Re: Re: How to find a inverse of line graph?

• To: mathgroup at smc.vnet.net
• Subject: [mg60854] Re: [mg60816] Re: How to find a inverse of line graph?
• From: <bsyehuda at gmail.com>
• Date: Fri, 30 Sep 2005 03:57:34 -0400 (EDT)
• References: <dhaupf\$j3l\$1@smc.vnet.net> <200509290941.FAA01176@smc.vnet.net>
• Reply-to: bsyehuda at gmail.com
• Sender: owner-wri-mathgroup at wolfram.com

```a line graph is an operation on graphs to produce new graphs. Say you have a
graph G, and you want to generate a new graph LG
so each EDGE of G becomes a vertex in LG
the vertices of LG are then connected by edges only if the edges that
generated them in G had a common veretx in G.
I thinkk that you might find a similar definition in MathWorld.com as well
(as in any textbook on graph theory).
now, since the number of possible edges in G goes as n^2 where n is the
number of vertices in G, there might be much more vertices in LG then in G.

On 9/29/05, Jens-Peer Kuska <kuska at informatik.uni-leipzig.de> wrote:
>
> Hi,
>
> "line graph of G" can mean G is a function G[x] and
> you wish to find an approximation to the numerical data
> or it may mean that you have a drwing of the graph
> (nodes and edges) and you need a representation of the
> edge list. And there may be some more interpretations
> what your "G" may be ...

and for you Sowen,
an inverse operation is not unique if you do not explicit naming of the
vertices of LG that corresponds to the edges of G. say you hav an edge
(v1,v2) that connects vertices v1 and v2 in G. Then all edges that are
connected to either v1 or v2 in G (that is, any edge of the form (v1, some
vertex) or (v2, vertex) will generate new vertices in LG that will be
neighbors of the vertex that was produced by edge (v1,v2). Now, if you do
not have the original names, you will not be able to determine if the
connection is due to v1 or due to v2, and therefore you may not generate a
graph that will be isomorphic to the original one. If you choose incorrectly
(since you don't know what the original graph was) then you easily may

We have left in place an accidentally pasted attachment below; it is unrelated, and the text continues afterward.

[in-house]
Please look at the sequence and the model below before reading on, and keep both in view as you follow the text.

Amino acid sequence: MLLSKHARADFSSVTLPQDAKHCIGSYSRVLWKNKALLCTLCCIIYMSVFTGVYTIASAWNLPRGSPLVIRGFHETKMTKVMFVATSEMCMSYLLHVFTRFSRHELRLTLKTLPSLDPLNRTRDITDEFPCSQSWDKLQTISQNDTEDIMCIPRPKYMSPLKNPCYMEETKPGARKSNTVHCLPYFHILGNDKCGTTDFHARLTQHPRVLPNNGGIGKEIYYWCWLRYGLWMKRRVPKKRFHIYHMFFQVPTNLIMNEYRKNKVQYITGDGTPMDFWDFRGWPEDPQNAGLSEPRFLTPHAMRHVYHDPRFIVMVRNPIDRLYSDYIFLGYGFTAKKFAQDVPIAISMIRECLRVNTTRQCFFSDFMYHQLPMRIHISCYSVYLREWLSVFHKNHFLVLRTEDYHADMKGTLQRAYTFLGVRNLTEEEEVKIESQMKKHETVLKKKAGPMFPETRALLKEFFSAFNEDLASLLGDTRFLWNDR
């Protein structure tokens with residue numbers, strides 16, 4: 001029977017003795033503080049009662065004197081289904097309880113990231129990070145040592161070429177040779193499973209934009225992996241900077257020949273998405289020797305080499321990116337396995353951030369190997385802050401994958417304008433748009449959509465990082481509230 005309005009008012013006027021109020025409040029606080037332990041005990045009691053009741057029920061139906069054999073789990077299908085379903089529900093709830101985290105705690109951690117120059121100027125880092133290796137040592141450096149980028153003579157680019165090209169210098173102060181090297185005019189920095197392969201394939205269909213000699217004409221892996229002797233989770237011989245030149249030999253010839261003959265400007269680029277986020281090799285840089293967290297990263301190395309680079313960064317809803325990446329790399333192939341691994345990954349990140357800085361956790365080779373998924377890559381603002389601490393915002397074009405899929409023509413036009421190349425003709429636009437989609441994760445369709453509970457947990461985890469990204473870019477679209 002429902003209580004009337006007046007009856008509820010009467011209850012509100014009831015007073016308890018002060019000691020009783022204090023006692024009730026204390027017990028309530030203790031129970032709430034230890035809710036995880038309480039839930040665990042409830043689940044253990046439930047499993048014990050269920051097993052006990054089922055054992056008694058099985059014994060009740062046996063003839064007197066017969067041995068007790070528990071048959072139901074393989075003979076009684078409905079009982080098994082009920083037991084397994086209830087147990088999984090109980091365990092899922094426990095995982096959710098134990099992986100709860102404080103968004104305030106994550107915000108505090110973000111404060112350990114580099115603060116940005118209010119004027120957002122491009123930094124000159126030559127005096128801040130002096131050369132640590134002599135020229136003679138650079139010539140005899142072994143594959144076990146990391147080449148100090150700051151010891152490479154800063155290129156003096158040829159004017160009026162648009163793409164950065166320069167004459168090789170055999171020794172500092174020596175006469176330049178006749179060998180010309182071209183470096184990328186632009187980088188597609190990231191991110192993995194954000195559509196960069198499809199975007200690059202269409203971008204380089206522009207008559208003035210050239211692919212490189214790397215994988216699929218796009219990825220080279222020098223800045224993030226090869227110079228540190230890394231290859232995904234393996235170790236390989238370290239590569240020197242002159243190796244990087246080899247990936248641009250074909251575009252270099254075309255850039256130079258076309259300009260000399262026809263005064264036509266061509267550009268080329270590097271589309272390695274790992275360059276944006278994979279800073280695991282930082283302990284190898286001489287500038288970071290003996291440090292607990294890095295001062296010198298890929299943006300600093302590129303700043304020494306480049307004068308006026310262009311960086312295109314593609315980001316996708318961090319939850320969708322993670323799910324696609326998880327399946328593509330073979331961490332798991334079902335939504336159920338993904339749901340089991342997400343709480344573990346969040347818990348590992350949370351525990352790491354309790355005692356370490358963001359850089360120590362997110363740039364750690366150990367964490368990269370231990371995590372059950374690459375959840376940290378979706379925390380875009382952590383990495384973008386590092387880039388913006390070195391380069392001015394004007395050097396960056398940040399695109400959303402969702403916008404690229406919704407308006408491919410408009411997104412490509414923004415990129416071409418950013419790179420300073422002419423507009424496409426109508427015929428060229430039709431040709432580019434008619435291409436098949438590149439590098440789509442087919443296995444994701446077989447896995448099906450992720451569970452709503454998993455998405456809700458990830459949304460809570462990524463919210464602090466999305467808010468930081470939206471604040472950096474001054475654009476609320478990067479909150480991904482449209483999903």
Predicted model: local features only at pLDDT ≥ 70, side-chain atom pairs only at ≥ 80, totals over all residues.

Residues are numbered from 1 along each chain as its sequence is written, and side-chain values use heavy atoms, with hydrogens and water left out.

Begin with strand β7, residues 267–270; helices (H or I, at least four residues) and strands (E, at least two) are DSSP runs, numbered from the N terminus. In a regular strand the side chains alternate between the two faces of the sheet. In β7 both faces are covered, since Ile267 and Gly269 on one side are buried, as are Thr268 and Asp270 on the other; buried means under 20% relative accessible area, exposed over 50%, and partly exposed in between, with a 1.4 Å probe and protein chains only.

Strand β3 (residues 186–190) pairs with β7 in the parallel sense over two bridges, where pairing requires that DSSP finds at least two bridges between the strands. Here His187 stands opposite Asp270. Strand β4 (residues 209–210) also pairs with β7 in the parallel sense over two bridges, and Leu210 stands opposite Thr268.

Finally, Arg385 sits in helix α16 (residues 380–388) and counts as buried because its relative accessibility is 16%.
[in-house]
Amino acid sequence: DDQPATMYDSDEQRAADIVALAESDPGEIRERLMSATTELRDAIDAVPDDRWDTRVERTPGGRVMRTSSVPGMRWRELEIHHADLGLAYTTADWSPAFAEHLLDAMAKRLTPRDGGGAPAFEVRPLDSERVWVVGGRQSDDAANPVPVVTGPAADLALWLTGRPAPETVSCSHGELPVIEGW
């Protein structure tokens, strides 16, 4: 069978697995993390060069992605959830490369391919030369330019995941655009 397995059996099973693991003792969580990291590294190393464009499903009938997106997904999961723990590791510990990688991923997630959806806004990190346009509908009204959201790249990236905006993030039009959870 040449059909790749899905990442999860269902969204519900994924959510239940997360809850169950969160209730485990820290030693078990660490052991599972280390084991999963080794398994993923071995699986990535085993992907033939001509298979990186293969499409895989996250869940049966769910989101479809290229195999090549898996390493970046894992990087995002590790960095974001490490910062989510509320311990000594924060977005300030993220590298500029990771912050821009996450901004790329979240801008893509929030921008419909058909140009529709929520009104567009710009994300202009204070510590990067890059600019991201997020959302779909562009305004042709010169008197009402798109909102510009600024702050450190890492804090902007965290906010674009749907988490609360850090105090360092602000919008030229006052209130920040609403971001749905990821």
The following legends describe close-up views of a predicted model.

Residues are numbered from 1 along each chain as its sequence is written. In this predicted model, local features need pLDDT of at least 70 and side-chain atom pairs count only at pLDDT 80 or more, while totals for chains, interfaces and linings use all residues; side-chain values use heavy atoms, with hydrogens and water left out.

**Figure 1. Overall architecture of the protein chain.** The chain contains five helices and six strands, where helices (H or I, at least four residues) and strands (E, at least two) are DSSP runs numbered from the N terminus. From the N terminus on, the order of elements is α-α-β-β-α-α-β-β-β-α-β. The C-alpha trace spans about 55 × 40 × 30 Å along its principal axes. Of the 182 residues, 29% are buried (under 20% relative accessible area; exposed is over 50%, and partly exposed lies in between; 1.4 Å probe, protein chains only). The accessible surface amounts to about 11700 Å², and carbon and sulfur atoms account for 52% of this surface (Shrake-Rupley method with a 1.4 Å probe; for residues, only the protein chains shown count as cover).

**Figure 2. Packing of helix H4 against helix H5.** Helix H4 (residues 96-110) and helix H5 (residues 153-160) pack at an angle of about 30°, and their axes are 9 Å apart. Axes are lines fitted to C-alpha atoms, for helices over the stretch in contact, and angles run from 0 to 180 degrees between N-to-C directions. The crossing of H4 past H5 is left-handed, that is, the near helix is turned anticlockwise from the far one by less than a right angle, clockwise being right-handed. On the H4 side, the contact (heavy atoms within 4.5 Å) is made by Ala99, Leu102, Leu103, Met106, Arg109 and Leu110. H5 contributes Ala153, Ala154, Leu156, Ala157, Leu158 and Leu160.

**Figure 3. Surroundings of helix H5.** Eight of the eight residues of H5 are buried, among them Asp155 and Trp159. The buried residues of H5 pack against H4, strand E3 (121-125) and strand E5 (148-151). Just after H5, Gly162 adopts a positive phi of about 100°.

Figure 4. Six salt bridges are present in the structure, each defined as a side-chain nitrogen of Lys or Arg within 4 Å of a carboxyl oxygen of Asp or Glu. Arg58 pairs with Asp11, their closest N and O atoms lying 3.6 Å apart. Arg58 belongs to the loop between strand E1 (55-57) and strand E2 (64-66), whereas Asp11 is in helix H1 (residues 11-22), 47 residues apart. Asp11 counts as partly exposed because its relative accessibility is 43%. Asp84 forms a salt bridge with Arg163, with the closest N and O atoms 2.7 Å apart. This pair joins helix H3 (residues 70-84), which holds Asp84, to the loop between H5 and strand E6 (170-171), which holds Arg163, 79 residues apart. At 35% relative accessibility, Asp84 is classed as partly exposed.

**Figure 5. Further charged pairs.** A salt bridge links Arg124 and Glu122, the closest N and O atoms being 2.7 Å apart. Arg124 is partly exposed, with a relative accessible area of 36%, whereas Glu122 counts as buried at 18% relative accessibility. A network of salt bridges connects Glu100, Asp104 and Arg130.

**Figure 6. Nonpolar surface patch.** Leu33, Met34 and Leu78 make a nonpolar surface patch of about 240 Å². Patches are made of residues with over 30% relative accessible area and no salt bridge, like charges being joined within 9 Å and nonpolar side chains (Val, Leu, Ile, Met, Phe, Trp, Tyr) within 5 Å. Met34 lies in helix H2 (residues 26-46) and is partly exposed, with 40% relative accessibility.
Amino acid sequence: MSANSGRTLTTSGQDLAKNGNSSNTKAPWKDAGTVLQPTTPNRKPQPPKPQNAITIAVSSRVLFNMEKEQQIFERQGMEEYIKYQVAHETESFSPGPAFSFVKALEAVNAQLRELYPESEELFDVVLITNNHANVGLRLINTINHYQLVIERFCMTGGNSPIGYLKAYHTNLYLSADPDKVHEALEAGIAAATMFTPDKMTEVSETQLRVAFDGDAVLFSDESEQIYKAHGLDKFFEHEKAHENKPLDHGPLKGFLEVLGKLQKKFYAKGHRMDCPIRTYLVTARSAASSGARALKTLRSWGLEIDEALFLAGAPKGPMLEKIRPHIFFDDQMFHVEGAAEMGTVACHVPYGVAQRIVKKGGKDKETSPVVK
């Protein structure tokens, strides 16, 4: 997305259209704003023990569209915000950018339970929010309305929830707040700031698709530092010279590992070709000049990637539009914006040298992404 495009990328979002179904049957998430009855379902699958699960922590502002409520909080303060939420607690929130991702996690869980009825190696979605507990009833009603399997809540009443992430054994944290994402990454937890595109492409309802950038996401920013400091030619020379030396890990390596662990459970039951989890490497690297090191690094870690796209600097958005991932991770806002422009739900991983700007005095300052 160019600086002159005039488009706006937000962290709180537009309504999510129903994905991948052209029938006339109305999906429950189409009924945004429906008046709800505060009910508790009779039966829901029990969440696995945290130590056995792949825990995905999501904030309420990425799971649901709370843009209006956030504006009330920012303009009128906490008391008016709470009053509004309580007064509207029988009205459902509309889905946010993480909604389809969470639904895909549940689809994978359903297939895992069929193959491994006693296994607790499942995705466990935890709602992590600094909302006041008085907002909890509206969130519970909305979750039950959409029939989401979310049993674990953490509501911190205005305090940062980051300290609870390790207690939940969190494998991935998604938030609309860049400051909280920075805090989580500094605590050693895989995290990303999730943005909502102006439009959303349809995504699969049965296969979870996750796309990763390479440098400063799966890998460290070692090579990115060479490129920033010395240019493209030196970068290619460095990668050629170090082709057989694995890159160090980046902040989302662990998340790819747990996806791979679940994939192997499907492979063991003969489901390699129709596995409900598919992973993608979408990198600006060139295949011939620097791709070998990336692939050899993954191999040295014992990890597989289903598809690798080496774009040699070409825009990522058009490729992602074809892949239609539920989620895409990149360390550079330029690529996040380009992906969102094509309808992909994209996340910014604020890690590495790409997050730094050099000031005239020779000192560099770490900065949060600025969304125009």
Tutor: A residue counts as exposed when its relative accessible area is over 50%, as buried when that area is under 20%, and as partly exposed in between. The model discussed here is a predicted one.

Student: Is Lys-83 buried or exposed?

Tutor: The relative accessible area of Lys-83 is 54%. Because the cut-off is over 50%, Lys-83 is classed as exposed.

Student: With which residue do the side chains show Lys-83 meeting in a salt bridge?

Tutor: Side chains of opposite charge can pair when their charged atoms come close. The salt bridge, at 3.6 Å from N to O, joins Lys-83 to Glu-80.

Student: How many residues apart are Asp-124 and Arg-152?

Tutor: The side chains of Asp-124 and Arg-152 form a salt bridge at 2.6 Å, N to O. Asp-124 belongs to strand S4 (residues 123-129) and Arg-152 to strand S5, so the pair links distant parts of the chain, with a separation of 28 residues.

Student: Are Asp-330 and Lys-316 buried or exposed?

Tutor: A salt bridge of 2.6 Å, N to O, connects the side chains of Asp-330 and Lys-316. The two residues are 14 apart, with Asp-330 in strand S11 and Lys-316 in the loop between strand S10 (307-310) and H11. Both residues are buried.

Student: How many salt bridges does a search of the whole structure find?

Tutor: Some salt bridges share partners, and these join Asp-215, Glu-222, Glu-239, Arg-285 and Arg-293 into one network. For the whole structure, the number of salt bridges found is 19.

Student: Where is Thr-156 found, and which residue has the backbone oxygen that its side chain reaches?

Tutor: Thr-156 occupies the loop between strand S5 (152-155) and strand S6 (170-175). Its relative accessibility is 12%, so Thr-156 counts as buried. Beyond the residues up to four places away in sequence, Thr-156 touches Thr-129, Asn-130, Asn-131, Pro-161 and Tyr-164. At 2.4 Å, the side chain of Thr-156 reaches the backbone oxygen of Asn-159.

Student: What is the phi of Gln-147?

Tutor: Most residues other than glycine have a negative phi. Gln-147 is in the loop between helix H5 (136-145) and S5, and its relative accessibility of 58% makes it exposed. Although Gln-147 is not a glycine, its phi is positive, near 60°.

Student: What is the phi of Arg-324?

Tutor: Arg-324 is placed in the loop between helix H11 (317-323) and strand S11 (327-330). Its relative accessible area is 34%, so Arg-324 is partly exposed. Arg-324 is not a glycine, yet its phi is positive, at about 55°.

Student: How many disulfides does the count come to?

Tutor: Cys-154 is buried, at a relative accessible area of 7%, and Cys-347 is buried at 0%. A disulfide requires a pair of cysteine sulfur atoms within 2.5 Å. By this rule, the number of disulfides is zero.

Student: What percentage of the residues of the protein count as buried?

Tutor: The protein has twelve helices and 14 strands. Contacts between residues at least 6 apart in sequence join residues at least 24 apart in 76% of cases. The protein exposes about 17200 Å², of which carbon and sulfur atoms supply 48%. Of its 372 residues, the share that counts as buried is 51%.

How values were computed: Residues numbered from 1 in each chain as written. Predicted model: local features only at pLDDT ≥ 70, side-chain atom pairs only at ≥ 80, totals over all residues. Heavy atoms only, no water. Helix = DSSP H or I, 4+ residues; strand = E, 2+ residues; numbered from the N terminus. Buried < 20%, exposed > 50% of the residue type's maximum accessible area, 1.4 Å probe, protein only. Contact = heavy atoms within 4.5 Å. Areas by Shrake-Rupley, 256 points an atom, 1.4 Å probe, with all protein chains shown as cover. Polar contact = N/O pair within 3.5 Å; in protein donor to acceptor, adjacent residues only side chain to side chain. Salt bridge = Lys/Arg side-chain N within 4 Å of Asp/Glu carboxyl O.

create a different degree sequence by your "inverse transformation/mapping"
and this is a contradiction to a theorem that ant two isomorphic graphs need
to have identical degree sequences (sorted of course).

This is not a formal proof, but to deny an operation one negative example is
enough, and at least you can generate such example from the argument given
above.
This is also not a Mathematica related problem. An operation that cannot be
done, cannot be done with Mathematica either.
OK, I'll generate you an example
I'm sorry to dissapoint you, but at least you can stop searching for a non
existable solution.
start with a graph with vertices set V={1,2,3,4,5} and edges set
E={(1,2),(1,3),(1,4),(2,4),(3,5),(4,5)}
Then LG will be with edge set
VLG={(1,2),(1,3),(1,4),(2,4),(3,5),(4,5)}
1 2 3 4 5 6
and
ELG={((1,2),(1,3)),((1,2),(1,4)),((1,2),(2,4)),((1,3),(3,5)),((1,4),(2,4)),((1,4),(4,5)),((2,4),(4,5)),((3,5),(4,5))}
so you get a line graph with 6 vertices and 8 edges out of a graph of 5
vertices and 6 edges.
BUT you do not have these names, so instead you have
VLG={1,2,3,4,5,6}
and with these names
ELG={(1,2),(1,3),(1,4),(2,5),(3,4),(3,6),(4,6),(5,6)}

From ELG (with the names that you really have, i.e., the last line above)
you can generate more then one legitimate graph

yehuda

Regards
> Jens
> <sowencheung at gmail.com> schrieb im Newsbeitrag
> news:dhaupf\$j3l\$1 at smc.vnet.net...
> | Hi, folks
> |
> | Given a line graph of G, how can I find the G?
> |
> | Very clueless, I did think about it for a long
> time. Anyone would like
> | to help?
> |
> | Thanks!
> |
> | Sowen
> |
>
>
>

```

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